Coastal regions along the eastern areas of the Atlantic and Pacific Oceans are among the world’s most productive and biodiverse regions. A new study published in Science Advances provides new insights to explain these high productivity levels.
In these areas, wind pushes near-surface water away from the coast, which in turn brings deep, nutrient-rich water, stimulating phytoplankton growth and creating a rich marine ecosystem. In some areas, however, productivity is high even when the upwelling winds are weak. Up until now, why this happens remains a mystery.
An international team of researchers, including from the GEOMAR Helmholtz Centre for Ocean Research Kiel, Kiel, Germany, investigated the physical mechanisms along the coast of Angola. They discovered a combination of coastal trapped waves and intense mixing on the shelf were the two main factors controlling productivity. The authors believe this work could predict the strength of seasonal peaks. “Productivity in the upwelling region off Angola shows strong seasonal fluctuations,” said Mareike Körner, PhD student in the Research Unit Physical Oceanography at the GEOMAR Helmholtz Centre for Ocean Research Kiel. “The main upwelling season occurs in austral winter, from July to September. During this time, there is very high primary productivity in the waters off the Angolan coast, and correspondingly, there is a lot of fishing”.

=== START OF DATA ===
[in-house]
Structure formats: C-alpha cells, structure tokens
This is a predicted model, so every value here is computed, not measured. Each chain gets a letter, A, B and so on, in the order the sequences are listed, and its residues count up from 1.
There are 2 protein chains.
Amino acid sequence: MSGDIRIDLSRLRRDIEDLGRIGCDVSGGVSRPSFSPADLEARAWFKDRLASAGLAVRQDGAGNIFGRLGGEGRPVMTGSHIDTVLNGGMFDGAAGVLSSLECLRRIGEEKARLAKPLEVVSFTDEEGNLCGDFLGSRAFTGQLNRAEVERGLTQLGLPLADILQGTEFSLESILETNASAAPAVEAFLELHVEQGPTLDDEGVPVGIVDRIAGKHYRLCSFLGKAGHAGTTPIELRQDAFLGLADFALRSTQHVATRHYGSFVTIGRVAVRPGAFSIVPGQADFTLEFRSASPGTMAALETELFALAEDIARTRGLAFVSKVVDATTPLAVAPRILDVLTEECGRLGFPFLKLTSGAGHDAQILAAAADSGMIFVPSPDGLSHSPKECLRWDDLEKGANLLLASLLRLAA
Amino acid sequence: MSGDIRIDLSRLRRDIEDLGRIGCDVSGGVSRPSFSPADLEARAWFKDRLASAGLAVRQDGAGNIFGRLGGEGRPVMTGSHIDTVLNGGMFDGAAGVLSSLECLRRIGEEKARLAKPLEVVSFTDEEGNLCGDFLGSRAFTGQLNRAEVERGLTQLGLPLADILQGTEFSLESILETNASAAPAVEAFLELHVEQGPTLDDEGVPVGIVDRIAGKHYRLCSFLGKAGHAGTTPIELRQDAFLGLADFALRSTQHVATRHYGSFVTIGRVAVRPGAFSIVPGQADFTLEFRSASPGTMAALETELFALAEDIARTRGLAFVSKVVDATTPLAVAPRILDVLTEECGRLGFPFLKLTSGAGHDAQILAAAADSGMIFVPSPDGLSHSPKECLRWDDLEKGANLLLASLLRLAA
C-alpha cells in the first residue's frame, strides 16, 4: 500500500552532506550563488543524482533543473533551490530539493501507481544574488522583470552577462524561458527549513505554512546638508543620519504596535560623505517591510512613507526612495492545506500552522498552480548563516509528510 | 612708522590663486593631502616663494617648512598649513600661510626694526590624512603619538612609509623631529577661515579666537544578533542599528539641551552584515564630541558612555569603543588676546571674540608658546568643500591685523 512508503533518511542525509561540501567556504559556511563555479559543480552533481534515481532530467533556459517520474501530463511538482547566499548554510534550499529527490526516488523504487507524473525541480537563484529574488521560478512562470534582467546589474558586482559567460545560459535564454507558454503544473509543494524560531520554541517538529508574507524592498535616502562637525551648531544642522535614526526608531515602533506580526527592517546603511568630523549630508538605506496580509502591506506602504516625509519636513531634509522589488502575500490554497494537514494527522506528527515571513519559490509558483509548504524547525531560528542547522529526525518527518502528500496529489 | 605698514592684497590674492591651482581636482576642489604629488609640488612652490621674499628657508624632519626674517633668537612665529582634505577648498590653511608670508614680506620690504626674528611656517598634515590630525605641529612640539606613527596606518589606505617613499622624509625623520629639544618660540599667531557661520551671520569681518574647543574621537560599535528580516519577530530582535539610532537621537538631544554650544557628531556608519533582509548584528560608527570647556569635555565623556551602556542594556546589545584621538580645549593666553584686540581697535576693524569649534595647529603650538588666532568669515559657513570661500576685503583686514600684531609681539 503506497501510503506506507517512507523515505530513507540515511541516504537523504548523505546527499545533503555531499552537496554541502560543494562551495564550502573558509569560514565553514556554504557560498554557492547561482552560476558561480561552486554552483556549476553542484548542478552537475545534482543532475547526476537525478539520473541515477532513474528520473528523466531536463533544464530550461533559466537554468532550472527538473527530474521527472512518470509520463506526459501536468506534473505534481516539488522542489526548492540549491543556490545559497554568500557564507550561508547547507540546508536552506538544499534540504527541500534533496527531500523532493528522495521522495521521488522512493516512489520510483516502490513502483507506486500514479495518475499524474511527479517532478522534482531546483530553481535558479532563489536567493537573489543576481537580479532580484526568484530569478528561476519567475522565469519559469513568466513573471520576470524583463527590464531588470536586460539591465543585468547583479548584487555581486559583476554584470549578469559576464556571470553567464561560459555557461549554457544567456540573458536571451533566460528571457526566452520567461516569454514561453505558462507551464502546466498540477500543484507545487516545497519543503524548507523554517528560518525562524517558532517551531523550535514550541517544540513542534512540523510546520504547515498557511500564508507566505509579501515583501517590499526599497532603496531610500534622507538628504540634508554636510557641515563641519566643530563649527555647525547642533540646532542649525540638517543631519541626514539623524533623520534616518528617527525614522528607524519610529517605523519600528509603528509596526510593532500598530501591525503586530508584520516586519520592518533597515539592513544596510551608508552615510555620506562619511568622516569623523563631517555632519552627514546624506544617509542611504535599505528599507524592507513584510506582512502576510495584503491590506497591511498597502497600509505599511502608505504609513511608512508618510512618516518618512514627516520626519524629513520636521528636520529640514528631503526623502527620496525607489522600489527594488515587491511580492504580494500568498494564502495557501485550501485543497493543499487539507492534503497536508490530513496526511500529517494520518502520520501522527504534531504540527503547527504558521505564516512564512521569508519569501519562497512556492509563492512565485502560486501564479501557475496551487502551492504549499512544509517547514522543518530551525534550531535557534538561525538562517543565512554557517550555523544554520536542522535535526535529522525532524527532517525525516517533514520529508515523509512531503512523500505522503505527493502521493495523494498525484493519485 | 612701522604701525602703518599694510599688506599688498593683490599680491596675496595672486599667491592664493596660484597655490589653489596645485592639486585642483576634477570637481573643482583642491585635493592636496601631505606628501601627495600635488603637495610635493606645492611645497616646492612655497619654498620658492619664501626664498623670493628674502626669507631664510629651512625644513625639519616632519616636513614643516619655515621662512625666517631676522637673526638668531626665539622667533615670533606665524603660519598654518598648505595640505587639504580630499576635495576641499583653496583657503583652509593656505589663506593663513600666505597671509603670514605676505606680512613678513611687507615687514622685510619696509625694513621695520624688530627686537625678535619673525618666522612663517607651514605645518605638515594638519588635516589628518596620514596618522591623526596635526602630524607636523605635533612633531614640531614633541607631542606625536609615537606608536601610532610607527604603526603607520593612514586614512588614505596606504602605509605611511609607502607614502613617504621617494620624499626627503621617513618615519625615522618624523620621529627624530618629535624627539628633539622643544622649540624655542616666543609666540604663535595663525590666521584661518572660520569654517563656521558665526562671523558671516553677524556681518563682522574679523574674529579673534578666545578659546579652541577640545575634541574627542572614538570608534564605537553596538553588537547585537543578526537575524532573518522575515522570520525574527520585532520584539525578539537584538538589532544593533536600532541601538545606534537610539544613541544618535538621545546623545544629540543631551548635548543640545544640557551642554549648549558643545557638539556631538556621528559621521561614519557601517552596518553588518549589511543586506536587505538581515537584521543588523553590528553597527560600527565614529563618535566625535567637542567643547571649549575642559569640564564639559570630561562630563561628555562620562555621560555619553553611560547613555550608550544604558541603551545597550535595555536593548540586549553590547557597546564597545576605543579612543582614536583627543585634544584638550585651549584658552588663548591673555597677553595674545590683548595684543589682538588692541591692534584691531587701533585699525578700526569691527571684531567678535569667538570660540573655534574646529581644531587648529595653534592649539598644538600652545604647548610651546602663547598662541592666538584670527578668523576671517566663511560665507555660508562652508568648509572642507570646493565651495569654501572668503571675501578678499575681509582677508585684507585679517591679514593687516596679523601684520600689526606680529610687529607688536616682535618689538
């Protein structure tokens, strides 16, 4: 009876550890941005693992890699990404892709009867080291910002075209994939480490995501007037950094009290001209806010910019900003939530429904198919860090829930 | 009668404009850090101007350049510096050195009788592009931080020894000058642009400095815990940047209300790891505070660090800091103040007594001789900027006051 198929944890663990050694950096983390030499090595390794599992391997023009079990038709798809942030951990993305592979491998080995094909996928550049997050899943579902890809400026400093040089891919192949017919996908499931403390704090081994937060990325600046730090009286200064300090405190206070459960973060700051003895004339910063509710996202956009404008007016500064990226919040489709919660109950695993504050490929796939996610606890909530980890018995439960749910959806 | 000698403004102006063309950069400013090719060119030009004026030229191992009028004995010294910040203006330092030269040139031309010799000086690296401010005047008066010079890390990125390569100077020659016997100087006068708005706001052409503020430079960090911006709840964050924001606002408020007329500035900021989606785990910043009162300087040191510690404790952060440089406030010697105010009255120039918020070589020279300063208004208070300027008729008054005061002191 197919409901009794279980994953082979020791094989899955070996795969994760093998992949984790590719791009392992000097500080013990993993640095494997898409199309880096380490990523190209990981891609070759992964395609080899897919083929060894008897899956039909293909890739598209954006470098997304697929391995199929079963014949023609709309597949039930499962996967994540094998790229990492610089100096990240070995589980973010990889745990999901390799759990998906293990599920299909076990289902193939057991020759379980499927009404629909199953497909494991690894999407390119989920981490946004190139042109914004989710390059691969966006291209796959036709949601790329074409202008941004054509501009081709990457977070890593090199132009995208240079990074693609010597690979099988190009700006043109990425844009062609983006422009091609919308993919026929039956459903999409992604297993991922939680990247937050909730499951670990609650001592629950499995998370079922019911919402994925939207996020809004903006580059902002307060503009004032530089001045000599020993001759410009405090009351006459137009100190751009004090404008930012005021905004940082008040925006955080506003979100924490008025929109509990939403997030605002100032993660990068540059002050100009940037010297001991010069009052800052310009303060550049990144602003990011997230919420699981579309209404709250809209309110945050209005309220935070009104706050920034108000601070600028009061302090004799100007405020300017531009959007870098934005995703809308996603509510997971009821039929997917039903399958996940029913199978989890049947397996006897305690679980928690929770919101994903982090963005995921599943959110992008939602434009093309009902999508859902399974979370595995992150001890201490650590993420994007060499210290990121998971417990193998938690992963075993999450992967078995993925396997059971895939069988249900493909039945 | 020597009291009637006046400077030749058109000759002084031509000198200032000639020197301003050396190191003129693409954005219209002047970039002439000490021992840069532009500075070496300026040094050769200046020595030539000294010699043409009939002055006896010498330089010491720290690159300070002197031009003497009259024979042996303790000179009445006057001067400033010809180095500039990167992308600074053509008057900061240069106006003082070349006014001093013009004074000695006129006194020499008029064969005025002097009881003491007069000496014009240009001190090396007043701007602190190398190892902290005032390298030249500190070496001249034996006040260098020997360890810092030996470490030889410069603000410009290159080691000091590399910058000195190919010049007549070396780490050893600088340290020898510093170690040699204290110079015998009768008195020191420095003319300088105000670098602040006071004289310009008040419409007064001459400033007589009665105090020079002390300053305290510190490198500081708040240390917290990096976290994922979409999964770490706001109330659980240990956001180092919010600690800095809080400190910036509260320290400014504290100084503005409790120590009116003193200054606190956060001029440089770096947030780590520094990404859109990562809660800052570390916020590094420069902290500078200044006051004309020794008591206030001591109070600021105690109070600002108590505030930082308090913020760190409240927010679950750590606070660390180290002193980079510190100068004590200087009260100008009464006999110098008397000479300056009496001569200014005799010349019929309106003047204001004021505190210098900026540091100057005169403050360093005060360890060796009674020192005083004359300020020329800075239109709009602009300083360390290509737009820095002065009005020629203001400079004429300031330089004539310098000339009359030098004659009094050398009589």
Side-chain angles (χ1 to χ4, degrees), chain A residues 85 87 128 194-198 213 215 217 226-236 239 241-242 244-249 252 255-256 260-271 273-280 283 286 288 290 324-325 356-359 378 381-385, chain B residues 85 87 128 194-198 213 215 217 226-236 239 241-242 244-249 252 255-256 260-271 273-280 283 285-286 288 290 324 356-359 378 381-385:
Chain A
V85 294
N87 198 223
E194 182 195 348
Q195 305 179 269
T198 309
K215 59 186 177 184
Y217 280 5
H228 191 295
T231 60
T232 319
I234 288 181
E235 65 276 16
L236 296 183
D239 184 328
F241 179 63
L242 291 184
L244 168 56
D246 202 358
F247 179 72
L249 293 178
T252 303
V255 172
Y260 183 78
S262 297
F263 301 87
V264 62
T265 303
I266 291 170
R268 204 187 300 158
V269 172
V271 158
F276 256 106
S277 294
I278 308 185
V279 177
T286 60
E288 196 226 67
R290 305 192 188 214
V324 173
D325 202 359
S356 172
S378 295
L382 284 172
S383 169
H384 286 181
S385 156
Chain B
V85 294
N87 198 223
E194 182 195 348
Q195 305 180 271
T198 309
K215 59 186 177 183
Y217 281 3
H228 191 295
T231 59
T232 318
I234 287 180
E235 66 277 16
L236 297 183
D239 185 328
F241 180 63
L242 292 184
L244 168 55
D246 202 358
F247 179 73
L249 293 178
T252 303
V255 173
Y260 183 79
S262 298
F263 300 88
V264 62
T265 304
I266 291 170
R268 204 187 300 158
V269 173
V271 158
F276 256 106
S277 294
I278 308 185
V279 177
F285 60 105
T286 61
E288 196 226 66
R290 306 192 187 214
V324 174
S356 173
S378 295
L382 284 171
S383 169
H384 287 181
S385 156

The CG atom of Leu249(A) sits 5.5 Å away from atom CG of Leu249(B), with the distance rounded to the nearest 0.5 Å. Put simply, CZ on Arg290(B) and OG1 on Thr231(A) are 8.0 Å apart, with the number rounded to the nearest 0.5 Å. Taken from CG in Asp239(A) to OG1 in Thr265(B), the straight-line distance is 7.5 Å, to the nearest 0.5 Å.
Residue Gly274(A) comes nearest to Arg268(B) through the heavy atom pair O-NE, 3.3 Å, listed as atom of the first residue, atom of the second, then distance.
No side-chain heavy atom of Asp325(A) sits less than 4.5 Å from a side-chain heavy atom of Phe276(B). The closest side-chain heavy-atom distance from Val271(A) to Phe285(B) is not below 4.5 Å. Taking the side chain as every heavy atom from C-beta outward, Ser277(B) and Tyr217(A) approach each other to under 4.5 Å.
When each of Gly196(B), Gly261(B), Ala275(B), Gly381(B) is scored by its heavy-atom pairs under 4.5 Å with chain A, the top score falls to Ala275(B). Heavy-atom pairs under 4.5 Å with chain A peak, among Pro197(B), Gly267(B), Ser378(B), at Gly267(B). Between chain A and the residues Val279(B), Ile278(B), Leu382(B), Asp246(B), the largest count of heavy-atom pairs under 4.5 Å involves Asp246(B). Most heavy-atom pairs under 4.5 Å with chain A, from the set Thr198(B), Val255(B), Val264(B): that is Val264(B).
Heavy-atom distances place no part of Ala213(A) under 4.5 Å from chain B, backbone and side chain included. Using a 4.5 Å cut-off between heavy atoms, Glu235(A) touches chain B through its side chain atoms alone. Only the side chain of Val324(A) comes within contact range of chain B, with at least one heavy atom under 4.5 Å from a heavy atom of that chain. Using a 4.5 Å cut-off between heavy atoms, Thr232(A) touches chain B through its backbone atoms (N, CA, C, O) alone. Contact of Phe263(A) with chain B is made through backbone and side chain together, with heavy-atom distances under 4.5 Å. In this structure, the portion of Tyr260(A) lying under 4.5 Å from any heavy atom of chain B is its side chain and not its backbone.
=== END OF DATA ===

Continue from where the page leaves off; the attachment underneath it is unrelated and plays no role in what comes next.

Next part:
It turns out that waves in the interior of the ocean play a crucial role in productivity, “dragging” cold but nutrient-rich water to move up and down throughout the seasons. These waves are not generated off Angola’s coast, but come from the equator where seasonal wind fluctuations create waves that can travel great distances. While they travel, these waves can carry nutrients onto the Angolan coast, where string mixing on the shelf pushes nutrients to the surface, ready for phytoplankton. Depending on the intensity and arrival of the waves, these plankton blooms vary from year to year.
“The upwelling off Angola is caused by waves that are excited at the equator and then propagate along the African coast. This provides a potential for predicting the strength and timing of the biological productivity peak off Angola on seasonal time scales,” said Körner. According to the authors, a better understanding of these nutrient-driving mechanisms is crucial to assess possible future changes in this important marine ecosystem, such as climate change or other human impacts.
Mareike Körner et al. Coastal trapped waves and tidal mixing control primary production in the tropical Angolan upwelling system.Sci. Adv.10,eadj6686(2024).DOI:10.1126/sciadv.adj6686